Category Index
Books About Big Art
  • A Life of Picasso: The Triumphant Years, 1917-1932
    A Life of Picasso: The Triumphant Years, 1917-1932
    by John Richardson
  • Sarah Lucas: A Catalog Raisonné
    Sarah Lucas: A Catalog Raisonné
    by Yilmaz Dziewior, Sarah Lucas
  • Grayson Perry
    Grayson Perry
    by Jacky Klein
  • Hendrik Kerstens (English and Dutch Edition)
    Hendrik Kerstens (English and Dutch Edition)
    by Pim Milo, Kathy Ryan
  • David Hockney: A Bigger Picture
    David Hockney: A Bigger Picture
    by Marco Livingstone, Margaret Drabble, Tim Barringer, Xavier Salomon, Stuart Comer, Martin Gayford
  • Vernon Ah Kee: Born in this Skin
    Vernon Ah Kee: Born in this Skin
    by Robert Leonard, Anthony Gardner, Aileen Moreton-Robinson, Blair French, Glenn Barkley
  • Yayoi Kusama
    Yayoi Kusama
    by Midori Yamamura, Jo Applin, Yayoi Kusama
  • Henry Moore: From the Inside Out; Plasters, Carvings, Drawings
    Henry Moore: From the Inside Out; Plasters, Carvings, Drawings
    Prestel Publishing
  • Wall and Piece
    Wall and Piece
    by Banksy
  • Mark Rothko
    Mark Rothko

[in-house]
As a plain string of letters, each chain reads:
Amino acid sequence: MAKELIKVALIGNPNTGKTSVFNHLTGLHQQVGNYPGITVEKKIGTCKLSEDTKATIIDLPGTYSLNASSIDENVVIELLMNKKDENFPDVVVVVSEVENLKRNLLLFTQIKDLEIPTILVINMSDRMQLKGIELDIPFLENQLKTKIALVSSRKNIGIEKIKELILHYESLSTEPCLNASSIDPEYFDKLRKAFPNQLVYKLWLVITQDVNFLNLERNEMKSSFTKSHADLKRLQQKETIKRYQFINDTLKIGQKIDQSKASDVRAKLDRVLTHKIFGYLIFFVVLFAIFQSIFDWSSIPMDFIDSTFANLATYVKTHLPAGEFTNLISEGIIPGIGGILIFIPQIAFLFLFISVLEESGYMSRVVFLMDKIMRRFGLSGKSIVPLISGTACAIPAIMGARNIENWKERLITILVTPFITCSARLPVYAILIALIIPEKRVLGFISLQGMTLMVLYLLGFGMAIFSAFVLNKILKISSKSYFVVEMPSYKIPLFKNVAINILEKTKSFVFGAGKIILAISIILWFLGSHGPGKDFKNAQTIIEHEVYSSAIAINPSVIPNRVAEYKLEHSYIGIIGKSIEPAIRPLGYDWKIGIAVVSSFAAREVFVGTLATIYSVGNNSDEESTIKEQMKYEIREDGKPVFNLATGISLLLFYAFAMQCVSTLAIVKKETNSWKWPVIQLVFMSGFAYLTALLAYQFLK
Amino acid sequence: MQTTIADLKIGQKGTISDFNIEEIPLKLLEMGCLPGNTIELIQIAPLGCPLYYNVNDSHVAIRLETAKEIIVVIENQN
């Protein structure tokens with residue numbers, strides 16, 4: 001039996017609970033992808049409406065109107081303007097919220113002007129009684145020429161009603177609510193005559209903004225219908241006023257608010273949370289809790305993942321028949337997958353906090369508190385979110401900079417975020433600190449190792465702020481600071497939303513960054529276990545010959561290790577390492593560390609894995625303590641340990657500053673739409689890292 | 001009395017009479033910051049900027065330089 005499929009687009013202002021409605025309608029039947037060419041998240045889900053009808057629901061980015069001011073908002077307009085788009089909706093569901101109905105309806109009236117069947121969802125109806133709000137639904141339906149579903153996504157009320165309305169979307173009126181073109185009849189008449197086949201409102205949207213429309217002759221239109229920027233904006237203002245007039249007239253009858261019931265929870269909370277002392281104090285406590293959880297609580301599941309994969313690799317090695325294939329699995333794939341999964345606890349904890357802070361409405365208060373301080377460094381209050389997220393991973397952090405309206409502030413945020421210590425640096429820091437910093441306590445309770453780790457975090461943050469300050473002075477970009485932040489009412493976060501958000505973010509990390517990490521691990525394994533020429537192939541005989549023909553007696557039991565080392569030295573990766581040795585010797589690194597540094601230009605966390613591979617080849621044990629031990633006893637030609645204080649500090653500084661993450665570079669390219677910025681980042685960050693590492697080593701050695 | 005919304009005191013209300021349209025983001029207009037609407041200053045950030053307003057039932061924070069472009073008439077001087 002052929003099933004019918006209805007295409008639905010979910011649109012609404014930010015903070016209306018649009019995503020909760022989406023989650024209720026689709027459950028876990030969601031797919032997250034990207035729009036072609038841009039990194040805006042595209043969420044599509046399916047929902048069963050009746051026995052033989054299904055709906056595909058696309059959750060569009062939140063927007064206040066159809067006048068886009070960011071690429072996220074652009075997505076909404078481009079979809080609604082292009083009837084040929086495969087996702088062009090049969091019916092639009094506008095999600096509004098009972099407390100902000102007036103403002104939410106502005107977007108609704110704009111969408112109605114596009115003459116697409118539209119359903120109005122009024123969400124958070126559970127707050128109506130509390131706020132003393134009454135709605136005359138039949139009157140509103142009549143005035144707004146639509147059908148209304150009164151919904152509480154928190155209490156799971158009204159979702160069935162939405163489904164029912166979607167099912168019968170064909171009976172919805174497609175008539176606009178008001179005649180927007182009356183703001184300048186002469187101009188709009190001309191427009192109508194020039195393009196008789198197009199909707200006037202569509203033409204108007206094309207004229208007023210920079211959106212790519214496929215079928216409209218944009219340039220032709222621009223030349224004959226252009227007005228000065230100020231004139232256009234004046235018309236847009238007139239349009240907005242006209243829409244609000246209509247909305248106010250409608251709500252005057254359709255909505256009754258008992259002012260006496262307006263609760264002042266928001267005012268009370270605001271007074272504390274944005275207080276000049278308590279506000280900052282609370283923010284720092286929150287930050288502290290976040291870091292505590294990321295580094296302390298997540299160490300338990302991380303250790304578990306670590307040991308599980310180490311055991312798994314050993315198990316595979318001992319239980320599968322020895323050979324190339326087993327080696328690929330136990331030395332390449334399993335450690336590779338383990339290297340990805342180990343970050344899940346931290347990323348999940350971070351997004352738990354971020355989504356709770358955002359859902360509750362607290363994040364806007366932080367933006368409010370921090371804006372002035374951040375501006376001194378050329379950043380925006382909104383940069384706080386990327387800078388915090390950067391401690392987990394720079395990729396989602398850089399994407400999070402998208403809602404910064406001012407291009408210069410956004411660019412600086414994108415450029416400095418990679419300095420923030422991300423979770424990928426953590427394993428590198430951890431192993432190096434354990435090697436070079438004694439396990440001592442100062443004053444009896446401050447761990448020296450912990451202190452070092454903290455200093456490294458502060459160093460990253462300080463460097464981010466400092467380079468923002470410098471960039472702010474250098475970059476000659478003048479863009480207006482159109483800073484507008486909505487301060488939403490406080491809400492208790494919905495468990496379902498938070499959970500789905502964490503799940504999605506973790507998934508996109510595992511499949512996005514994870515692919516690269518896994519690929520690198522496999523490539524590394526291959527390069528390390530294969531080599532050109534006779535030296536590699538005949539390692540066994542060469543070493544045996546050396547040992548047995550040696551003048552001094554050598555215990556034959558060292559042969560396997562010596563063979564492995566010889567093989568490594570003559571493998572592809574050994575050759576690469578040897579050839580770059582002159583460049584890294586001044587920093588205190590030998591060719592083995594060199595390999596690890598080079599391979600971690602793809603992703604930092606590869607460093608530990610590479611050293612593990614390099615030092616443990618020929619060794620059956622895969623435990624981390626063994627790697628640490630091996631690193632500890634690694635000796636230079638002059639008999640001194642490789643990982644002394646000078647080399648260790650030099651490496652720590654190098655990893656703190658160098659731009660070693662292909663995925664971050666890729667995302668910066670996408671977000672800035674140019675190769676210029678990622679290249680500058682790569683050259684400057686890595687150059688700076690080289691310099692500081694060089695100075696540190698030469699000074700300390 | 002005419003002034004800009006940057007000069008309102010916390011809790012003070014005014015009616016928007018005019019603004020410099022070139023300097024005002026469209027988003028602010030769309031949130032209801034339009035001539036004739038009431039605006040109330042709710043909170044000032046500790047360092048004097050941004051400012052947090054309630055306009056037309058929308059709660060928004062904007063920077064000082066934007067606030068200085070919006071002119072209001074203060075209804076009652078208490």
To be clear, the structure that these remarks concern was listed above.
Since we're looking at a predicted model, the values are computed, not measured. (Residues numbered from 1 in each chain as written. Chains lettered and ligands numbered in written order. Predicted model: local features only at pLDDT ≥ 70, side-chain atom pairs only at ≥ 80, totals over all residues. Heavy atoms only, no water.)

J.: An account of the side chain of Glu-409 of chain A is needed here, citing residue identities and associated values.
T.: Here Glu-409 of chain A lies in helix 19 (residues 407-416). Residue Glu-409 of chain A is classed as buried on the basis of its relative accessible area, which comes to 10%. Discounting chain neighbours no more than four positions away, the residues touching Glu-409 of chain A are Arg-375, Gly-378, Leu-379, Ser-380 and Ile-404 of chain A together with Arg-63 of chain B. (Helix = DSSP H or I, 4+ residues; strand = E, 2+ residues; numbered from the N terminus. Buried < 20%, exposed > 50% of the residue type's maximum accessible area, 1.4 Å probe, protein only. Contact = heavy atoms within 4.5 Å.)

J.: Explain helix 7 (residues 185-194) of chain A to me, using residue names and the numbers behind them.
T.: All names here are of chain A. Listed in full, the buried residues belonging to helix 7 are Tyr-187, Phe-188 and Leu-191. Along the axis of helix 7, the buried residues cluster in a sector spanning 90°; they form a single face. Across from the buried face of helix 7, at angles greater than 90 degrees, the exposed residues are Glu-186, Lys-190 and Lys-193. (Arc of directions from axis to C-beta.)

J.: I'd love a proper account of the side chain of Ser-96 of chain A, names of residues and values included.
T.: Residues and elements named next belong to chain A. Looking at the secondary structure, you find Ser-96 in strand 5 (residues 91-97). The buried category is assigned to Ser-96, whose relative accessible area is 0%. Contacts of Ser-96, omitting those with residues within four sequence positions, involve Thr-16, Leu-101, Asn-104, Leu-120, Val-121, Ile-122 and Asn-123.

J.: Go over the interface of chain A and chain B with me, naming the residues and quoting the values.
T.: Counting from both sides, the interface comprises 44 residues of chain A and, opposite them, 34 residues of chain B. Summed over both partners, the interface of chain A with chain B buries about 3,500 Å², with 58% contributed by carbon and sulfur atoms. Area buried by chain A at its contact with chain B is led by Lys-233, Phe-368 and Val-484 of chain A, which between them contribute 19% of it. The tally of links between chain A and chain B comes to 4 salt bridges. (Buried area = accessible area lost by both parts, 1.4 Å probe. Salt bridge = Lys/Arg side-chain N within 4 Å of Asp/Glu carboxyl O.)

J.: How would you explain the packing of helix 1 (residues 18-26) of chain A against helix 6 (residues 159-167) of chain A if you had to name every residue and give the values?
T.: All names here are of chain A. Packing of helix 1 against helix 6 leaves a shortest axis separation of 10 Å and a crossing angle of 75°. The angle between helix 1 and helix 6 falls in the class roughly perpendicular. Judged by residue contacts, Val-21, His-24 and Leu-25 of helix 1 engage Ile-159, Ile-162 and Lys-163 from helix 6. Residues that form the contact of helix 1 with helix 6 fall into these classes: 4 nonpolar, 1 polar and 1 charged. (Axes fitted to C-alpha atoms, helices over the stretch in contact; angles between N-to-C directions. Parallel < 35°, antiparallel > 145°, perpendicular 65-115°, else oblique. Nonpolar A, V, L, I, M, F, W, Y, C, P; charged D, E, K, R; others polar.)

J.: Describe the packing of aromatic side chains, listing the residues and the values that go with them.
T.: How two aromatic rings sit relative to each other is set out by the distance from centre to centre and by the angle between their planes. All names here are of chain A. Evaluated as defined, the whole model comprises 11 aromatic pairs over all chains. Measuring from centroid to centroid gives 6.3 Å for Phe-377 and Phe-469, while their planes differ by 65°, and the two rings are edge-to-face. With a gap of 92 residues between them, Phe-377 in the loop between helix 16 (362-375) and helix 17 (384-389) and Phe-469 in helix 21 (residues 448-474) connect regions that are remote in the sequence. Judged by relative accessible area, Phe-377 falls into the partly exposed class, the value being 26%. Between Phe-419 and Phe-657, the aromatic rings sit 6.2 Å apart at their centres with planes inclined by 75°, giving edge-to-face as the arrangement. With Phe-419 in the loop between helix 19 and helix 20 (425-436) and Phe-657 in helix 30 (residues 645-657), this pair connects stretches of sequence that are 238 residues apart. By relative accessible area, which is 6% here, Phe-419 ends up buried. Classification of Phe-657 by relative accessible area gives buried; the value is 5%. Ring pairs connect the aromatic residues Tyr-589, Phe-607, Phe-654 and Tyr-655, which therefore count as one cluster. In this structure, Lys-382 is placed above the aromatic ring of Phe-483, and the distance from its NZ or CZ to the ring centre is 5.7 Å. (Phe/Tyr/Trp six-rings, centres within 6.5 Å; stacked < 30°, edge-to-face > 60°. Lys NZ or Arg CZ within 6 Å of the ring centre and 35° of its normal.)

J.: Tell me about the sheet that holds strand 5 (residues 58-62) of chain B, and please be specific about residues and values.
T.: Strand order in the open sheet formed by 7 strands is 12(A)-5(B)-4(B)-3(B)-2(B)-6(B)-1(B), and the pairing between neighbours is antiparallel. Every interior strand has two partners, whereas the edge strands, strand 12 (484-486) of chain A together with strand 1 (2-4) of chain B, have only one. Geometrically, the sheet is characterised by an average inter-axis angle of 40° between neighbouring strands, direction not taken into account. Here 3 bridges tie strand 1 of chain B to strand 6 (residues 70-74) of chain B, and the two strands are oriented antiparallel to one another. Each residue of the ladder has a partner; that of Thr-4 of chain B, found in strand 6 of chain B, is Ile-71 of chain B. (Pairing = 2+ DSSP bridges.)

by Mr. Jeffrey Weiss
  • Louise Bourgeois
    Louise Bourgeois
    by Robert Storr, Paulo Herkenhoff
  • Damien Hirst
    Damien Hirst
    by Ann Gallagher
Join the Big Picture

A blog that aims to spark thoughts and inspire by seeking out and sharing works of art

Historically, artists have always worked big, and nowadays those boundaries are being pushed to the limits.

Large-scale art, whether in the form of photos from the Hubble space telescope, sharks floating in tanks of formaldehyde, rooms full of dots, concrete sculptures cast from Victorian buildings or hand knitted blankets wrapped around trees, large-scale art is all around us. Join the Big Picture aims to spark thoughts and inspire by seeking out and sharing these works.